Is 2015 the year you get serious about your home search? These three resolutions can help you pull it off.
Many home buyers enter and leave the real estate market several times before making a purchase. Priorities shift and — unlike a seller who signs an agreement and has a tangible product to sell — buyers aren’t necessarily tied to any timeframe, unless it’s self-imposed.
With the start of a new year, many on-and-off home shoppers resolve to intensify their search and finally purchase a home. Whether it’s because of a better-understood tax benefit, the realization of a big bonus or simply a frustrating rental situation, many buyers re-enter the market and get serious. Here are some resolutions for buyers who want to make 2015 the year of their new home.
Enlist an ally
Many buyers spend time in the dreaming phase of home shopping — looking at listings online, researching the mortgage process, running numbers and following the local market. But serious and active buyers hook up with a strong local agent to make it happen.
Agents can serve as a guiding light thanks to the wealth of market knowledge they bring to the table. A good local agent has completed dozens of transactions and understands the process and the market — not to mention the home buying process — like the back of their hand. If things go sideways, they will steer you in the right direction. Leverage their experience.
Balance feelings and data
There is so much (sometimes conflicting) real estate information available that it is easy to get overwhelmed. A home purchase is not the same as picking out a new tablet, smartphone or even a used car. Aside from the huge financial commitment of a home purchase, there are emotional and practical implications that may be less obvious.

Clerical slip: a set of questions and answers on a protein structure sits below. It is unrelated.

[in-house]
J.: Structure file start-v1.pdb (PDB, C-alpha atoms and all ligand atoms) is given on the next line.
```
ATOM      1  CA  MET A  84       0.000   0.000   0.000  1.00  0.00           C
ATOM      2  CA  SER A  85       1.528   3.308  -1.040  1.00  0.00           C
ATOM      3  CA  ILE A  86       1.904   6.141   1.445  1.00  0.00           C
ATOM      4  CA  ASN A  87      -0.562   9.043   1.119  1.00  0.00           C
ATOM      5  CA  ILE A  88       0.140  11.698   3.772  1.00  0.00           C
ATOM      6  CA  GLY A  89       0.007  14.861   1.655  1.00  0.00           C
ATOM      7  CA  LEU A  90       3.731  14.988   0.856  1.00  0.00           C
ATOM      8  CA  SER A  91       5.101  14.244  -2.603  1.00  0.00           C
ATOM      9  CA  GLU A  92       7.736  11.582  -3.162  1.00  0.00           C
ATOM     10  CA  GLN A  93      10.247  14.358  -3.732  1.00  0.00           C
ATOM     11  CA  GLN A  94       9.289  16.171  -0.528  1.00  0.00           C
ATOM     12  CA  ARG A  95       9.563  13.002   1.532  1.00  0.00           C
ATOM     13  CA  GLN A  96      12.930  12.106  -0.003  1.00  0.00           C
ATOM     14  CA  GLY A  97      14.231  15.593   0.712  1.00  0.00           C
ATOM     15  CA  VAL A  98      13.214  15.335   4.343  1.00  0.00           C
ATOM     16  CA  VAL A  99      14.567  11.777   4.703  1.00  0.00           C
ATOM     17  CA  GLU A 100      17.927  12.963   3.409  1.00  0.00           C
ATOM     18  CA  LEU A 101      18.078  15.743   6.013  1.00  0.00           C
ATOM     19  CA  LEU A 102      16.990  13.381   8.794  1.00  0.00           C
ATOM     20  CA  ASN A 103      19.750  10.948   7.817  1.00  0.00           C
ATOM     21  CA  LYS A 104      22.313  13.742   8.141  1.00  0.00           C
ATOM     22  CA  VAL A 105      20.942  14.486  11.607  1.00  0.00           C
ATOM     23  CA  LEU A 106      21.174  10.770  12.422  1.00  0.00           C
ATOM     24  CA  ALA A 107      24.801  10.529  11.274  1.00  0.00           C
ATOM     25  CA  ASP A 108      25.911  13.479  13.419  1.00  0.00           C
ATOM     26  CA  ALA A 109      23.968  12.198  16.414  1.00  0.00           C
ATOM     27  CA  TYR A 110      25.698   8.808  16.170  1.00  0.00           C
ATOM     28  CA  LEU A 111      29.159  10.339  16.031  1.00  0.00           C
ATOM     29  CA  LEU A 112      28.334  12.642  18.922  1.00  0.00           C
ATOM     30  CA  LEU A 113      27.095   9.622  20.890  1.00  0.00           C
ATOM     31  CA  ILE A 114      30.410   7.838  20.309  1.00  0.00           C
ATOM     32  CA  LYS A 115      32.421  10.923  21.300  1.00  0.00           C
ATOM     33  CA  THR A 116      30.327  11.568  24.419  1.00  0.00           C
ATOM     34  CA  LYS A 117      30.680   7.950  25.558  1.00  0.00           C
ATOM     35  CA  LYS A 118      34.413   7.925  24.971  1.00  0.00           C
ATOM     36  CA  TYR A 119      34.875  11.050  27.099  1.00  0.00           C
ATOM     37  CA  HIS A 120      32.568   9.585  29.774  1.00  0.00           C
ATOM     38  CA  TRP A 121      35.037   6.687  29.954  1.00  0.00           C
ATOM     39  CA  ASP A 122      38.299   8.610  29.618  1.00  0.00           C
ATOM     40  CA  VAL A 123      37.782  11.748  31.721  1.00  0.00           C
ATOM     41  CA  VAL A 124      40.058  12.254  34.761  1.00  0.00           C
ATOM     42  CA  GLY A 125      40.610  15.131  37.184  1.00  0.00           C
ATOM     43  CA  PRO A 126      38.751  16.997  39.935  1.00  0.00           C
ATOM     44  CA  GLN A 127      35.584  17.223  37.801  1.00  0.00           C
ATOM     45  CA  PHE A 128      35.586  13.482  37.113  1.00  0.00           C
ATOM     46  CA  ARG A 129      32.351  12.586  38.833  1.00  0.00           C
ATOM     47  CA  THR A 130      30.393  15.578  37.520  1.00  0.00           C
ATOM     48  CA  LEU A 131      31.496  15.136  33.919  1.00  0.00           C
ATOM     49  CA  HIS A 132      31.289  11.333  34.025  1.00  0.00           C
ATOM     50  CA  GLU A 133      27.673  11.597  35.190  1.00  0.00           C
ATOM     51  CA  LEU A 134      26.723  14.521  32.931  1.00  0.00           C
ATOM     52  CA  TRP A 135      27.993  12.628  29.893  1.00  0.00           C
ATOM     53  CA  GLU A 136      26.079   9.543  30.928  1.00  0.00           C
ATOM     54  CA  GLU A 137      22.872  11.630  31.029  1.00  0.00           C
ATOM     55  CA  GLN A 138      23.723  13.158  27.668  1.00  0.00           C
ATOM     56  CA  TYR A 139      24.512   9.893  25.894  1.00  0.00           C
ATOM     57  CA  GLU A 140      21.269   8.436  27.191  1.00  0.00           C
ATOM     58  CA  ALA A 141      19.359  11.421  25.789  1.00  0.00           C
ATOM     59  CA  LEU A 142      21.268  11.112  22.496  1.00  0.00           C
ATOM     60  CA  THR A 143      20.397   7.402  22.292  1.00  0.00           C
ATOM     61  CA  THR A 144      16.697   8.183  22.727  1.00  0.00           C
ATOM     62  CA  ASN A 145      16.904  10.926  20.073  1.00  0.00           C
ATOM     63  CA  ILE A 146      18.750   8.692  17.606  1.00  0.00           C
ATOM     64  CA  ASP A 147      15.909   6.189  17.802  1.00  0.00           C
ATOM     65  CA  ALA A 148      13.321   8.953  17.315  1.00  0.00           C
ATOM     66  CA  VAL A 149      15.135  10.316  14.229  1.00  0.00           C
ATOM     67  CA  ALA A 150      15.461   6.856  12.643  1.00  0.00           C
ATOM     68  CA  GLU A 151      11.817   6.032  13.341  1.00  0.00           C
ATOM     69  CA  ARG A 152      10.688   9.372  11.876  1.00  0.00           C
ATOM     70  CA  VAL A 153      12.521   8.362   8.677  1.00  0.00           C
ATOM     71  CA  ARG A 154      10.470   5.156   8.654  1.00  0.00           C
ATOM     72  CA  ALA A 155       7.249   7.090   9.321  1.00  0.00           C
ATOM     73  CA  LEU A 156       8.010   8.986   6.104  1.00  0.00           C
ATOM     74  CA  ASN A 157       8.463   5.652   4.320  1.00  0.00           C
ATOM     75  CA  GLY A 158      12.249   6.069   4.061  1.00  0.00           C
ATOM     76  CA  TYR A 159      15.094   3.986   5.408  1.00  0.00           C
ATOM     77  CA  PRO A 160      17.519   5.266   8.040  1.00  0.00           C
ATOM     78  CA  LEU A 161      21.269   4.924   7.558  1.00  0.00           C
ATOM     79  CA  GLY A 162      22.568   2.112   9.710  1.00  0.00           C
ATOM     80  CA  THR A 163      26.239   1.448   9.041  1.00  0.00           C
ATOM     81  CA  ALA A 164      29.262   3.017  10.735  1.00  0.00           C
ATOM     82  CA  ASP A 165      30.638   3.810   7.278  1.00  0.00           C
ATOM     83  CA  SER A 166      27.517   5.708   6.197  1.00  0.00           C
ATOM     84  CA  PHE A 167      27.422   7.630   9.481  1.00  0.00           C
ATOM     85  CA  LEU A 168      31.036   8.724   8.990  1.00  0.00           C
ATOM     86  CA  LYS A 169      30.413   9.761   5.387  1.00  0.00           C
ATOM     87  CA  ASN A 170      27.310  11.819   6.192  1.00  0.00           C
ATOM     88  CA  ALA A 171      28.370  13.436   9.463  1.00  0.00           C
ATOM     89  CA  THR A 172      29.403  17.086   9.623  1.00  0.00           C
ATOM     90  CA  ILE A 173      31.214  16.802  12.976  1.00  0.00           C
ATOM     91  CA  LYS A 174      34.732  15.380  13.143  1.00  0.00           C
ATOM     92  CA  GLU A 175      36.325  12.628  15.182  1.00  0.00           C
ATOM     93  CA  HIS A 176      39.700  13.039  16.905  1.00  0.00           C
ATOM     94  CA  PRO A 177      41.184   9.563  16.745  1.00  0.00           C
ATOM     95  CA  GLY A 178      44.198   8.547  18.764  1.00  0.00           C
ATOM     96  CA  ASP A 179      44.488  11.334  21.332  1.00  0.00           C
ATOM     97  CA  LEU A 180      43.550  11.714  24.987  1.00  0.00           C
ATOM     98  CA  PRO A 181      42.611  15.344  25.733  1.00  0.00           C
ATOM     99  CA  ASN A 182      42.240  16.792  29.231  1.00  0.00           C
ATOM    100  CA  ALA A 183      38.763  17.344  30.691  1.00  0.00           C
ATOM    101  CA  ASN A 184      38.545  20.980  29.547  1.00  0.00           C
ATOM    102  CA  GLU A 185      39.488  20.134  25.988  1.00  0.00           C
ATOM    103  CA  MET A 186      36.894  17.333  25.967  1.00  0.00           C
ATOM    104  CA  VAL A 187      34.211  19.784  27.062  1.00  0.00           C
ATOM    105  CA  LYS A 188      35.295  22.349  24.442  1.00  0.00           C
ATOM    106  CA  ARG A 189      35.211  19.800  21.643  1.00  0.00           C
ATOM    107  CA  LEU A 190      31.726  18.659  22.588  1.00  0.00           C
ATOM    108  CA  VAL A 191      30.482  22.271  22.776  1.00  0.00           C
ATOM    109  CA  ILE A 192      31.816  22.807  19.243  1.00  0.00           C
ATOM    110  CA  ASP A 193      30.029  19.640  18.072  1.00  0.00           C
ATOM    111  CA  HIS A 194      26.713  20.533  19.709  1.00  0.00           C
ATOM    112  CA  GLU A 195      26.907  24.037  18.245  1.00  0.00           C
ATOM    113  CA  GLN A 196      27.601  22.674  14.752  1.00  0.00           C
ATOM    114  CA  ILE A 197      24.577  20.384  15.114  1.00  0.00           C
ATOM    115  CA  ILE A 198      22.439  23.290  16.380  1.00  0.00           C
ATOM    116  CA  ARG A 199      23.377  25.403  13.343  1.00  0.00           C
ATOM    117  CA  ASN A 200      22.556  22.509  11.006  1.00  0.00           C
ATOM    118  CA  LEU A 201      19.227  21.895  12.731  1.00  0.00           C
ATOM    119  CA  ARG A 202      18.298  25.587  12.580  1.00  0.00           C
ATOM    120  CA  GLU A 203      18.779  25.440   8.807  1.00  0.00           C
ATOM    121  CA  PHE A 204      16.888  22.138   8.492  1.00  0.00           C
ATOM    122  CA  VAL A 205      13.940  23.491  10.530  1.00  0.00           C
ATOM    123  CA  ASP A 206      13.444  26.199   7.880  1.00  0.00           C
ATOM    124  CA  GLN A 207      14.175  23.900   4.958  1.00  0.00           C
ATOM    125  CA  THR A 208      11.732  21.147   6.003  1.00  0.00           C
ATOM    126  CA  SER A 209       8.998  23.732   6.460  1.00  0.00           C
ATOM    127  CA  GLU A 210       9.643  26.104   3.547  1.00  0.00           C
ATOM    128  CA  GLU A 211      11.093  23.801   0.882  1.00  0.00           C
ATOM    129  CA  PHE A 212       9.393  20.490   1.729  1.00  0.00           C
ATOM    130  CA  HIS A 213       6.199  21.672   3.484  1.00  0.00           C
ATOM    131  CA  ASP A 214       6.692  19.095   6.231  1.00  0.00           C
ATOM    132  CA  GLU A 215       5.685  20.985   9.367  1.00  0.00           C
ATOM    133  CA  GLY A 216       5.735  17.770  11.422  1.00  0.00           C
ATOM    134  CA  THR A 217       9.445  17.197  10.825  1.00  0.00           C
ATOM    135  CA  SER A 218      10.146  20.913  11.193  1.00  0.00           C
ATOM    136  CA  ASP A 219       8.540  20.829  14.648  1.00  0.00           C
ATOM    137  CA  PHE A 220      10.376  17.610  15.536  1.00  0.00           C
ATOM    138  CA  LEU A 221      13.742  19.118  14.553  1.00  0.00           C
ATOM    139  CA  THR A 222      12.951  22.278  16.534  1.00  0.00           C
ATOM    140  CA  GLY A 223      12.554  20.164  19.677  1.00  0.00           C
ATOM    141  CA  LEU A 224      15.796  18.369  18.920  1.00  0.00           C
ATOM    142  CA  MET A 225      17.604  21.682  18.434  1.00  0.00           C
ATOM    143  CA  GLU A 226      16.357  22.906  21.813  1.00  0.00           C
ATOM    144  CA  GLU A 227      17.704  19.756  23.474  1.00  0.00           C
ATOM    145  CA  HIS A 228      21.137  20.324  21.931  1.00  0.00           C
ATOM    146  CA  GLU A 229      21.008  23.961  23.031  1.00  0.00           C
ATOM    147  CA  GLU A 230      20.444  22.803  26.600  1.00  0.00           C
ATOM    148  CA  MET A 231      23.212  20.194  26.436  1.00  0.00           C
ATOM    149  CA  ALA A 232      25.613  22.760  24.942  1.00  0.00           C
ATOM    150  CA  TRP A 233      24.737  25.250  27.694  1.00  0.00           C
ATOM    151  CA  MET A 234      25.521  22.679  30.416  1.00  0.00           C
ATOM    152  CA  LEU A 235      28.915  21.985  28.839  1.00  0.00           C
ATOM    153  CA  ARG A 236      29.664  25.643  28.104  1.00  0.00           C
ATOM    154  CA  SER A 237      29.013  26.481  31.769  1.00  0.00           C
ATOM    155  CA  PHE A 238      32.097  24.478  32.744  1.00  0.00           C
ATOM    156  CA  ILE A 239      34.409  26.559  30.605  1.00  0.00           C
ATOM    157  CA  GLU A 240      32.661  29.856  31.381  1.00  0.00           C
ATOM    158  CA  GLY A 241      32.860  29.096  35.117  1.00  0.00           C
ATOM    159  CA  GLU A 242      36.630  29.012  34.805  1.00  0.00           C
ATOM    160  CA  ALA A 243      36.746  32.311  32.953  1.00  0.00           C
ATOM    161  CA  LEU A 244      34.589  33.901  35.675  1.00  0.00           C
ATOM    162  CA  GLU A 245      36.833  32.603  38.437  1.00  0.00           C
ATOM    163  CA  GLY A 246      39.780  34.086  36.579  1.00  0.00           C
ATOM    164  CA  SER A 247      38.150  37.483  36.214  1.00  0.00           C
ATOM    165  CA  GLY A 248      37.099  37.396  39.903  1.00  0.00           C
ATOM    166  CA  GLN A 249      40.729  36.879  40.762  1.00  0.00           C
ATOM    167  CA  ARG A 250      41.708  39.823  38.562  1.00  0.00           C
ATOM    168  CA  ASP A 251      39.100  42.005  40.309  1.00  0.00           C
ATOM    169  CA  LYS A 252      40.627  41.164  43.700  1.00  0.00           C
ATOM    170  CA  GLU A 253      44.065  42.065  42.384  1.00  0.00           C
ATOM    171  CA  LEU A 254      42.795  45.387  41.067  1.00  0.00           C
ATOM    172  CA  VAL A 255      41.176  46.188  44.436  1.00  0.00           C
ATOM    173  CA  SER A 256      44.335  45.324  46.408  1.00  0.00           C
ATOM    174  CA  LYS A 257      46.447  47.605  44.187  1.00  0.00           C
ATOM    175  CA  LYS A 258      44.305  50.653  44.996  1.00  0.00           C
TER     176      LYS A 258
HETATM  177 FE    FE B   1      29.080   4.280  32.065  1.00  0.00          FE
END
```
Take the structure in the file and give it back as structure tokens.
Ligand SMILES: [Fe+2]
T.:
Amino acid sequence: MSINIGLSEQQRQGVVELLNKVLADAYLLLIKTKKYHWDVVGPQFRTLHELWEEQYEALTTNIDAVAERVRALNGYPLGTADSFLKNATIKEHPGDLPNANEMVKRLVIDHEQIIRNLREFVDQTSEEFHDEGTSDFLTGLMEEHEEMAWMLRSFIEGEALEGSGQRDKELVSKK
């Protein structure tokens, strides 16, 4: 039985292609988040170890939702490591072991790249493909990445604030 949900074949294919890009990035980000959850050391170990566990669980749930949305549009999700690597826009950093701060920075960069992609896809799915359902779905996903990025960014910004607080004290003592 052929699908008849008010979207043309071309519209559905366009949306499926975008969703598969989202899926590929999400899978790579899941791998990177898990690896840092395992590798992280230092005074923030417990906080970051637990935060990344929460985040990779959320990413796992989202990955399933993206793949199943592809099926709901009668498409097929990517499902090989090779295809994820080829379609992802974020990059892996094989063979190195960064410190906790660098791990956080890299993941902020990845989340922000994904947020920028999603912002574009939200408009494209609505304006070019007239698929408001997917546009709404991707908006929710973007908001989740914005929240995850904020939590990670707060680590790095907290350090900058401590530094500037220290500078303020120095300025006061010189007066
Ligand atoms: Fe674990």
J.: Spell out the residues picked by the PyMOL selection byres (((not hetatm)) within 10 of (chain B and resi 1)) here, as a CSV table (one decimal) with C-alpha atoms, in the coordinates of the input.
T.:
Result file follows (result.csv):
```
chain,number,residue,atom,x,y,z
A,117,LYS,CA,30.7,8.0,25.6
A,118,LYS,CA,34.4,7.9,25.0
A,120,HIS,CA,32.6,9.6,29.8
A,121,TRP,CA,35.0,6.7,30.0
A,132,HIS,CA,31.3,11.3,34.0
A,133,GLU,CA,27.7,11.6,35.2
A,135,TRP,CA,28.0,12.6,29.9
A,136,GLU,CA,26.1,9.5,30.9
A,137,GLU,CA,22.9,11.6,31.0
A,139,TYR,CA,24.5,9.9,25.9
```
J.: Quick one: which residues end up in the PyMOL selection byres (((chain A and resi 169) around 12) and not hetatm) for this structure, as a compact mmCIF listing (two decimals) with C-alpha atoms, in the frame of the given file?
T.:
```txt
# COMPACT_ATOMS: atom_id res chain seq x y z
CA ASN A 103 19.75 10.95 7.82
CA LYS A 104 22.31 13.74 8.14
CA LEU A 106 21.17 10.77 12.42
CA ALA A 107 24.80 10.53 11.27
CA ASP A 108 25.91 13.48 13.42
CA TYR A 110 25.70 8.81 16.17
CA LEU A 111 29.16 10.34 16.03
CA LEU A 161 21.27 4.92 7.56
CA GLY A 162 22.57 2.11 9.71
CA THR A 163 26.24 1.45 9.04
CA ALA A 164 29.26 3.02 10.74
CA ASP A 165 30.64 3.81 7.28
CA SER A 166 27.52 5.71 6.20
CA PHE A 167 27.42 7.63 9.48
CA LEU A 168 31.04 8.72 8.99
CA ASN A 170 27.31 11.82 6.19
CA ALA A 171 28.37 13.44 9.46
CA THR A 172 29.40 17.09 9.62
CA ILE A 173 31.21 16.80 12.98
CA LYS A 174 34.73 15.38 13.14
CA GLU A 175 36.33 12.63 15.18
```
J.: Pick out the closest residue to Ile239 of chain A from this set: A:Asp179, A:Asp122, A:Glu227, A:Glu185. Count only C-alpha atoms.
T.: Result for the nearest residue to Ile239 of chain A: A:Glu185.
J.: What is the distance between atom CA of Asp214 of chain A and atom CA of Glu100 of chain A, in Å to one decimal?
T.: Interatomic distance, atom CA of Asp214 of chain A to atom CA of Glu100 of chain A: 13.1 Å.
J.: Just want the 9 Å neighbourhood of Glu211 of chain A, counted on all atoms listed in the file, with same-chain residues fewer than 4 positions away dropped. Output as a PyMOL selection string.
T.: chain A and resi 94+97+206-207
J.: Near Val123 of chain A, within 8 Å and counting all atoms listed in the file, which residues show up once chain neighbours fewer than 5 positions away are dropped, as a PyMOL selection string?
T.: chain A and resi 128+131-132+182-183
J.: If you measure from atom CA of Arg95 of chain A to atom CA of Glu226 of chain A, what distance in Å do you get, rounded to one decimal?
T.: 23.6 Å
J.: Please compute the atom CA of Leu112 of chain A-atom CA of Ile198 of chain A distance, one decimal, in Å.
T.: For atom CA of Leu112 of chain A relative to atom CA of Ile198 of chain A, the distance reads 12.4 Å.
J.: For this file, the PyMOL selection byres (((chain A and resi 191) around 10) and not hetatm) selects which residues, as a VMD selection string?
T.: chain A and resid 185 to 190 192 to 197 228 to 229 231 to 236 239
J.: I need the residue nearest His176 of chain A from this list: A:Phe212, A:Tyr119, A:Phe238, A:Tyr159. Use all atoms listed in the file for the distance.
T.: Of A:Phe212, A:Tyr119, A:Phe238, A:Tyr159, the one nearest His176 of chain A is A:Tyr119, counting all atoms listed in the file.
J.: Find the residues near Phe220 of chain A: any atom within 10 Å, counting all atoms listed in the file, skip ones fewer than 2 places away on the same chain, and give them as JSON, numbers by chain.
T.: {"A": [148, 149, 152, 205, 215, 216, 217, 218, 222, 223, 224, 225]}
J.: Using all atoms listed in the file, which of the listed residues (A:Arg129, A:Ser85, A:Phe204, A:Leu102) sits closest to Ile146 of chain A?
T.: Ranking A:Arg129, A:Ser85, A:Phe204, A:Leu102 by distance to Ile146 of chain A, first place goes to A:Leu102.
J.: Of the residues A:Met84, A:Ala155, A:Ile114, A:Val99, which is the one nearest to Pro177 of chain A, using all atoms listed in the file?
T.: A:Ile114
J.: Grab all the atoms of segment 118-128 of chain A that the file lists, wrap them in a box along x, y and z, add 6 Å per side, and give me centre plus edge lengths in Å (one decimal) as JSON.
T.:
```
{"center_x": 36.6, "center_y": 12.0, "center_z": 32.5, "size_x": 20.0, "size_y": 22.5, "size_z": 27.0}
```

You may walk through a designer kitchen and imagine your family having dinner there, or see a particular block and suddenly feel that you belong there. No spreadsheet or equation will account for those feelings, wishes or desires.
Trying to reconcile these feelings while analyzing potentially conflicting statistics, online data, blogs or forums will be a challenge. If you have a reliable local agent and have been looking for some time, you can feel confident in your market knowledge, while also trusting your instincts.
Abandon the notion of getting a deal
Everyone likes to get a great bargain. But in real estate, deals aren’t always easy to come by. Dozens of fragmented sellers — unaffected by inventory levels and with different motivations for selling — drive each market.
If you are continuously on the hunt for a “deal,” this could be a red flag that you are not ready to buy. If you need to purchase a car, you likely research car prices online before heading to the dealership. You understand that the values range, and attempt to get your car as close to the lower end of the range as possible. If not, you won’t be buying a car.
Will you wait another year to see where prices are? Probably not. Instead, you make a car purchase based on the best deal you can negotiate at that time.
The same goes with home buying. Buyers who spend considerable time learning the market will have experiential knowledge of what they can get for their money and where. They have a realistic view of the market.
Making a low-ball offer may be understandable when you first enter the market. You could be uninformed or nervous, and putting in a low offer is a way to test the waters. But if you’re continually making unrealistic offers, you need to ask yourself if you are ready to be a home buyer. Your low-ball offers may be your way of sabotaging your home buying prospects.
Every buyer is different, and real estate purchases are one part financial, one part emotional and one part practical. The road to buying a home is not a straight and narrow path, like buying a car. If you truly want to buy a home in 2015, dedicate yourself to the effort, and set yourself up for success.